Cichorium intybus L. is a perennial herb of the aster family with blue cornflower-like flowers. It is widespread in meadows, wasteland and along roadsides in the European part of Russia, Siberia and Central Asia.
It is a clock plant, sensitive to a drop in light. In the morning, under the bright sun, the sky-blue baskets of chicory are fully open, but as the day turns to evening, they seem to disappear without a trace. Even if you don’t have a clock, you can be sure it’s around 5pm. On cloudy days, the flowers are closed.
Since ancient times, chicory has been used in folk medicine to make infusions, decoctions, teas and decoctions – because the plant stores a whole range of useful substances for the treatment of many diseases, and also helps to cleanse the body of toxins and poisons, filling it with strength, energy and beauty.
Chicory has a recognised medicinal value, which means that preparations made from it have been approved by modern medicine. The herb, roots and seeds, extracts and essences are used to treat spleen, bladder, stomach, some kidney, liver and intestinal disorders, as well as to treat and manage the effects of nervous stress and epileptic seizures – as a powerful sedative.
An excellent source of vitamins and minerals
According to the US Department of Agriculture, chicory is an excellent source of vitamins and minerals, including zinc, magnesium, manganese, calcium, iron, folic acid, and potassium, as well as vitamins A, B6, C, E, and K. Thanks to these, the drink has antioxidant properties and helps to strengthen cell membranes and produce immune cells.
100 g of raw chicory roots contain:
- Protein: 1.4 g
- Dietary fibre: 1.5 g
- Sugar: 8.73 g
- Calcium: 41 mg
- Iron: 0.8 mg
- Magnesium: 22 mg
- Phosphorus: 61 mg
- Potassium: 290 mg
- Sodium: 50 mg
- Zinc: 0.33 mg
- Copper: 0.08 mg
- Manganese: 0.23 mg
- Selenium: 0.7 mg
- Vitamin C: 5 mg
- Folic acid: 23 mcg
- Vitamin A: 6 IU
The most valuable component of chicory root is inulin, a substance that has a beneficial effect on the intestinal microbiome, helping to normalise carbohydrate and lipid metabolism.
The microbiome is a community of microorganisms that inhabit a particular habitat, in this case the human gut.
The microbiome is mainly made up of bacteria, but also includes fungi, viruses and primitive bacteria. Experts estimate that our gut contains around 2-3kg of bacteria.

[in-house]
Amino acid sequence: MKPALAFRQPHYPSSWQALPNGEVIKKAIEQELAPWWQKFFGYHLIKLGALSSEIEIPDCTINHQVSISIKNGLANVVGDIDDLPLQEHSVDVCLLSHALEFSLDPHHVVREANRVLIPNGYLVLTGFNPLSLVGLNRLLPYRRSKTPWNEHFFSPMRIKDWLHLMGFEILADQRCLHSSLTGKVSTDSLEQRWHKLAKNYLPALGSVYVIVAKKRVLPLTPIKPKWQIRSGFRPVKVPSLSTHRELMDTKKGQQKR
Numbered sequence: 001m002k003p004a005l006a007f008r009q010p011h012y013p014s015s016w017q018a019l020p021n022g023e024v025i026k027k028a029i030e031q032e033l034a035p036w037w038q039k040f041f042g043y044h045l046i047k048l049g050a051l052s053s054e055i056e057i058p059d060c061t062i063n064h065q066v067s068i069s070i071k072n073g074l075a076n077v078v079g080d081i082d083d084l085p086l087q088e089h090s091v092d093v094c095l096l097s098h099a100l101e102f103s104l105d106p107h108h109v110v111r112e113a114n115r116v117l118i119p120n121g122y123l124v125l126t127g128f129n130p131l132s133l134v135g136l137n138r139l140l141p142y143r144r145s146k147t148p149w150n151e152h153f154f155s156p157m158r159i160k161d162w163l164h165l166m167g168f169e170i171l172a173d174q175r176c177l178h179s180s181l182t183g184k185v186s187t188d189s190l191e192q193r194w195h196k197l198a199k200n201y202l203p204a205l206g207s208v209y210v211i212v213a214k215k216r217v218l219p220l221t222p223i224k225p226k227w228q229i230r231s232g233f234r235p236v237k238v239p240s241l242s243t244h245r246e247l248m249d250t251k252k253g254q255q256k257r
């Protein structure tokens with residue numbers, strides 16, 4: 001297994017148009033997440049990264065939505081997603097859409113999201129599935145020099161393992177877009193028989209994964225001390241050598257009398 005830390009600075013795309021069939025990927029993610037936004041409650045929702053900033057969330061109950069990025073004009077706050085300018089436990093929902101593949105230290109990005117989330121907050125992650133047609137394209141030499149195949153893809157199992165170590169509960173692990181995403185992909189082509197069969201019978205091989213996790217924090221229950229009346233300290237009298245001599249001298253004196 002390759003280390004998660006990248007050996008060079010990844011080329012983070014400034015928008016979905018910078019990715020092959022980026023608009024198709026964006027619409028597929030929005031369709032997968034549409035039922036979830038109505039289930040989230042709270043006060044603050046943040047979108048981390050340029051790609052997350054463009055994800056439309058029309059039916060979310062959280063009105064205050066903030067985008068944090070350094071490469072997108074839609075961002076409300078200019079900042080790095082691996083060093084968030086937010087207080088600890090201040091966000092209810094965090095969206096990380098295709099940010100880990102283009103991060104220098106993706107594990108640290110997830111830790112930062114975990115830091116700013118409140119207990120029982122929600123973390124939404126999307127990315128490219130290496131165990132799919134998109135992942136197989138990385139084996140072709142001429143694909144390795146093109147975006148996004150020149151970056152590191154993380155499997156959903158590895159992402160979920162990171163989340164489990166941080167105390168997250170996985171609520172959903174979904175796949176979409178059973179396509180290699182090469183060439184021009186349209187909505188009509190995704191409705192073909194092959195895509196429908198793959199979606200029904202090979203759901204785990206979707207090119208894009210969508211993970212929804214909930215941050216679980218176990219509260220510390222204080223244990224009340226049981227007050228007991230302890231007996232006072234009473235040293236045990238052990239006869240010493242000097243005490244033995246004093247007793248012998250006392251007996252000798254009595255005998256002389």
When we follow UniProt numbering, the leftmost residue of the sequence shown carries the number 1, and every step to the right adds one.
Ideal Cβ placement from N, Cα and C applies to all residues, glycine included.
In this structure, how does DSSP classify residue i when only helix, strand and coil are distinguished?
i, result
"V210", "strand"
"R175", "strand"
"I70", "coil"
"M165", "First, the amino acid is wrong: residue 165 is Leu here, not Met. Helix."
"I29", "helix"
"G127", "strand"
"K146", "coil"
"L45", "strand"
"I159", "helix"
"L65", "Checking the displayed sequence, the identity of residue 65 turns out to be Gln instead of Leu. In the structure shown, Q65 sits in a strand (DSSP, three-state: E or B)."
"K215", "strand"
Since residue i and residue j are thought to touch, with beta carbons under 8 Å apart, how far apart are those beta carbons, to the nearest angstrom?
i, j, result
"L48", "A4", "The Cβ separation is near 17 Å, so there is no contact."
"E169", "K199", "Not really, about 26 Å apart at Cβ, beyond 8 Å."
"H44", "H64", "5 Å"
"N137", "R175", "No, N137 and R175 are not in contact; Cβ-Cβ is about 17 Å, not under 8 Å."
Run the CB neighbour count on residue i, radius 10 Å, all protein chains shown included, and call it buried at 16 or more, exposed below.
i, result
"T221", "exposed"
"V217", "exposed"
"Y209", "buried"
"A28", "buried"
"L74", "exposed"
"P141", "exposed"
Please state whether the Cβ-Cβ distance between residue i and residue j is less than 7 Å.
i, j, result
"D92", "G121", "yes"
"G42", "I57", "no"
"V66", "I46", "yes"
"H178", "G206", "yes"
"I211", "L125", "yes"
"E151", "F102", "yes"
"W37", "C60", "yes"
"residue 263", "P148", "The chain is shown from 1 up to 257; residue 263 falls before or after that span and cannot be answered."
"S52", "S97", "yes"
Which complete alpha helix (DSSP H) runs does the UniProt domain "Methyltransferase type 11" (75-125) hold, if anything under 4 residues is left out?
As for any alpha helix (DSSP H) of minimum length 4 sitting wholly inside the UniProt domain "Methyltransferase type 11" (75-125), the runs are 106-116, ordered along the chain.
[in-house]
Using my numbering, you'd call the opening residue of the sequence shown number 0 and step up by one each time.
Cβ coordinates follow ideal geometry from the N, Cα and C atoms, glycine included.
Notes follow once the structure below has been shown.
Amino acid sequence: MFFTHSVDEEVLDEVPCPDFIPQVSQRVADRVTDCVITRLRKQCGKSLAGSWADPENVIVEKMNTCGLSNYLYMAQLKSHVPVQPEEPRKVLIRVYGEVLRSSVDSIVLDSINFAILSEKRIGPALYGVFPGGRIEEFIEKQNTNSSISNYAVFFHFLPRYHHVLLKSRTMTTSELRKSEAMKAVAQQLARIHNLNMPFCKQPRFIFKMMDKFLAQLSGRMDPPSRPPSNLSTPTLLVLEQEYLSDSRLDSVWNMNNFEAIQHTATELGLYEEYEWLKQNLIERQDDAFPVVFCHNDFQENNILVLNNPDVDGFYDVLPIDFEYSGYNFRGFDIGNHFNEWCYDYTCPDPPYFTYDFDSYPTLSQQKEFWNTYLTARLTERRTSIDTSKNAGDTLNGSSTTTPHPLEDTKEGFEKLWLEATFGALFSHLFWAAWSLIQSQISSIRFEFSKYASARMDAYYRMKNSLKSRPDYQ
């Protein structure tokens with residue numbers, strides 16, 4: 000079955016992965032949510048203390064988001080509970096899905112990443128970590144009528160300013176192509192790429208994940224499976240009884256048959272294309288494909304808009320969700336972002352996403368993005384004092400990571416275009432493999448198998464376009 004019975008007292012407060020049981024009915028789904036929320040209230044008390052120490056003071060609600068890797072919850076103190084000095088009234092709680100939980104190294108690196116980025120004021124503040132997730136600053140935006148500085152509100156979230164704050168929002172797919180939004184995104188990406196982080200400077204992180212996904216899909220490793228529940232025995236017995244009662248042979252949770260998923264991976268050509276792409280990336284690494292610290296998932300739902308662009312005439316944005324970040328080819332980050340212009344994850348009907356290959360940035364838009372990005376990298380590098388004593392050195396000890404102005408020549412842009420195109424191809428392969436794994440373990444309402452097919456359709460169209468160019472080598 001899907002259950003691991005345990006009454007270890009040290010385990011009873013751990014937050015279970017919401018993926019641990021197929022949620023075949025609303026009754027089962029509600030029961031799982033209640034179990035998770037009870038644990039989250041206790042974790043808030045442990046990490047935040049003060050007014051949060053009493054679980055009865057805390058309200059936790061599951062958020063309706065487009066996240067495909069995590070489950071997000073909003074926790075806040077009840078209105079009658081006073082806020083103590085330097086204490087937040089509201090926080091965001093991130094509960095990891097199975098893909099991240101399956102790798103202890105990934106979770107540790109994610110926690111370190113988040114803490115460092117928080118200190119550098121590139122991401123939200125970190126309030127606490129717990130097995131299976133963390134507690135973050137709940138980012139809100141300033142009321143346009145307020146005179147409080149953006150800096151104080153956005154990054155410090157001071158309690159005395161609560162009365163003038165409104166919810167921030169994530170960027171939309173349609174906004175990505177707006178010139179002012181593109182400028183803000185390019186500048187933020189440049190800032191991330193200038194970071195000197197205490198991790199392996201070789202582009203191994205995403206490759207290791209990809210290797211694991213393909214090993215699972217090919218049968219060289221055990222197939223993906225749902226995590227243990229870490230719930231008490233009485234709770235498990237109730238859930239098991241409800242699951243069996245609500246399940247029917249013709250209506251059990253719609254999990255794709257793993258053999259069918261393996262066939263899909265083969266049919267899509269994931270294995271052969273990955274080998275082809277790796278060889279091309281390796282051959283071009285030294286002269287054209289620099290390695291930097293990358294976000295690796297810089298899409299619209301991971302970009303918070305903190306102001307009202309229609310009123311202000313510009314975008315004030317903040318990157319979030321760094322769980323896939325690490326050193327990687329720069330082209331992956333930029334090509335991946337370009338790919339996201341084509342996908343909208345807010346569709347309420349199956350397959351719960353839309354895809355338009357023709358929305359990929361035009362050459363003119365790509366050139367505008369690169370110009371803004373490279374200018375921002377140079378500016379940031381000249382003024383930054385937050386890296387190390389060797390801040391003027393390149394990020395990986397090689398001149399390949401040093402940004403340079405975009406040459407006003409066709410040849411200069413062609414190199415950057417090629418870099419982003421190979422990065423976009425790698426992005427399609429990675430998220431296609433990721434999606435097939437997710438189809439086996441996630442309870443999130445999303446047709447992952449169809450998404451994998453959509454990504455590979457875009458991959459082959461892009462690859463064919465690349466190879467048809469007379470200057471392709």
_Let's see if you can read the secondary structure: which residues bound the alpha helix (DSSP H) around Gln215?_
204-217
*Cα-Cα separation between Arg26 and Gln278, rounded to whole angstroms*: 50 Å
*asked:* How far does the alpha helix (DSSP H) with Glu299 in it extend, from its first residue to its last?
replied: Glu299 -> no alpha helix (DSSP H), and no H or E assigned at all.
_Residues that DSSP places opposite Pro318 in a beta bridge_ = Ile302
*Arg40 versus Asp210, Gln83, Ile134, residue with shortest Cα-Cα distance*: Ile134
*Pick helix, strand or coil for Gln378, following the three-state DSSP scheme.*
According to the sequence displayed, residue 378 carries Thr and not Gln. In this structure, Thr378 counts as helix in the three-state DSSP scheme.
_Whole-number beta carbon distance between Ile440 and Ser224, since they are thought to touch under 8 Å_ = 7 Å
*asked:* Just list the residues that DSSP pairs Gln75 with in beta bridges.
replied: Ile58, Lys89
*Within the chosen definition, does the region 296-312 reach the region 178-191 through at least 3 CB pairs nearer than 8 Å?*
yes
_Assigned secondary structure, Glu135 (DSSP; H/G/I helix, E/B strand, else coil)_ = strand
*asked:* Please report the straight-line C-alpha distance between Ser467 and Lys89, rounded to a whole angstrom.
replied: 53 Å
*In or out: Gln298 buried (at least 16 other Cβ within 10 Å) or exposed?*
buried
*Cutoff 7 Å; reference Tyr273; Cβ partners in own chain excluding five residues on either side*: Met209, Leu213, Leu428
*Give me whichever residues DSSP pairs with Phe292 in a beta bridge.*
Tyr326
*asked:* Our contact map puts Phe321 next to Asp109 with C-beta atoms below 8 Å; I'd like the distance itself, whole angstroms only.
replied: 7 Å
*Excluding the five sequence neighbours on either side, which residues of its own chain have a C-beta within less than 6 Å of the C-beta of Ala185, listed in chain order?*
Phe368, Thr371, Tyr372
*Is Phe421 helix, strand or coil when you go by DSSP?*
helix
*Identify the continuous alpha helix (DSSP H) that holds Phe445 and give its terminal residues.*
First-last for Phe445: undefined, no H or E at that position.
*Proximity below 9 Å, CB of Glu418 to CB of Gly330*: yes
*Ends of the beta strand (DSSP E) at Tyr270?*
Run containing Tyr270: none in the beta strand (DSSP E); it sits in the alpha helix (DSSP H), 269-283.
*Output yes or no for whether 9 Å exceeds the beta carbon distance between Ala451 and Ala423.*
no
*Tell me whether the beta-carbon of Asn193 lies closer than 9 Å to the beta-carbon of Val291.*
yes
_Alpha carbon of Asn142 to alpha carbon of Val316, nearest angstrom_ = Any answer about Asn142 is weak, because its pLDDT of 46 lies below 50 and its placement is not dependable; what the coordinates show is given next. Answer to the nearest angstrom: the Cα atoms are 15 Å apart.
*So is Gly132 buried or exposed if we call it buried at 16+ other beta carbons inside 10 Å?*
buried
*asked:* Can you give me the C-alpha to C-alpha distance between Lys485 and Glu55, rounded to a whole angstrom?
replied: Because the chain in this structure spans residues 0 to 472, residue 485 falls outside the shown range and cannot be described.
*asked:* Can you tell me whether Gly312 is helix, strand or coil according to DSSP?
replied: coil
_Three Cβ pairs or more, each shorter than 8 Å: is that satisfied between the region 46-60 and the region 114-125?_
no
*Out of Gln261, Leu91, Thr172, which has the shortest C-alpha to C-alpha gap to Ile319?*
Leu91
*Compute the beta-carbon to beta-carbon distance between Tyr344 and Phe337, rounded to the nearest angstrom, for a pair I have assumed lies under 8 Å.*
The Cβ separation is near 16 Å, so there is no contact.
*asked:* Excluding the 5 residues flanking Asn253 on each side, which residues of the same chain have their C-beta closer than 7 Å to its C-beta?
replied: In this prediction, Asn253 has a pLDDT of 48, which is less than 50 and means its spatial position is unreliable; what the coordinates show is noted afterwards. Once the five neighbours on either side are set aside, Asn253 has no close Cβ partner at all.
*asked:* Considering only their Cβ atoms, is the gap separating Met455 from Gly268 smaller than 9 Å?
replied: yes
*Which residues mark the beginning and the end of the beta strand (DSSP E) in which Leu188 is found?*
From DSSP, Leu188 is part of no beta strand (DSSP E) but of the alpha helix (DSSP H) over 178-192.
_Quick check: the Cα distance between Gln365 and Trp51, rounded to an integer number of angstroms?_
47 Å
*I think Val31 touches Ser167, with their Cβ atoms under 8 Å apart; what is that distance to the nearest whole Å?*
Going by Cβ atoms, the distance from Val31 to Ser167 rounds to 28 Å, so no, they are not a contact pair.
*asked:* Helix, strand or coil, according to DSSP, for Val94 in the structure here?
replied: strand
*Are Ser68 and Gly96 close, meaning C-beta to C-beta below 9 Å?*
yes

Other therapeutic properties of chicory
Research has also shown that regular consumption of chicory can help in the fight against diabetes. The effect is achieved by increasing the concentration of the enzyme adiponectin, which lowers blood sugar levels.
The polyphenol contained in chicory helps to reduce inflammation. Thanks to this substance, the consumption of chicory can alleviate the symptoms of arthritis or help with intestinal disorders.
The diuretic properties of this plant are beneficial for kidney and urinary system health. By speeding up the elimination of toxins in the urine, chicory cleanses the kidneys and reduces the risk of kidney stones. Chicory is also good for the liver, helping to cleanse it of the waste products of alcohol and drugs.
The decoction of chicory roots has always been considered one of the best remedies for improving appetite and normalising the work of the pancreas. Chicory also helps to dissolve gallstones, has a choleretic effect and increases blood flow and metabolic processes in the liver.
Chicory inulin is a bifidostimulant, i.e. it promotes the development of beneficial intestinal microflora, which strengthens the body’s overall immunity. Other trace elements in chicory help to reduce inflammation of the mucous membranes of the stomach and intestines. This is why chicory is widely used in the prevention and treatment of stomach and duodenal ulcers, gastritis, dysbacteriosis, dyspepsia, constipation, liver and gallbladder diseases.
Chicory root contains essential oils that are an excellent remedy for getting rid of internal parasites. A drink of chicory root also cleanses the blood vessels and blood of harmful impurities, reduces the absorption of cholesterol and fats, removes toxins and contributes to weight loss.
As a wound-healing agent, infusions, decoctions and alcoholic tinctures of the roots are used, they are also effective in the treatment of seborrhoea, allergic dermatitis, neurodermatitis, diathesis, eczema, psoriasis, acne, furunculosis.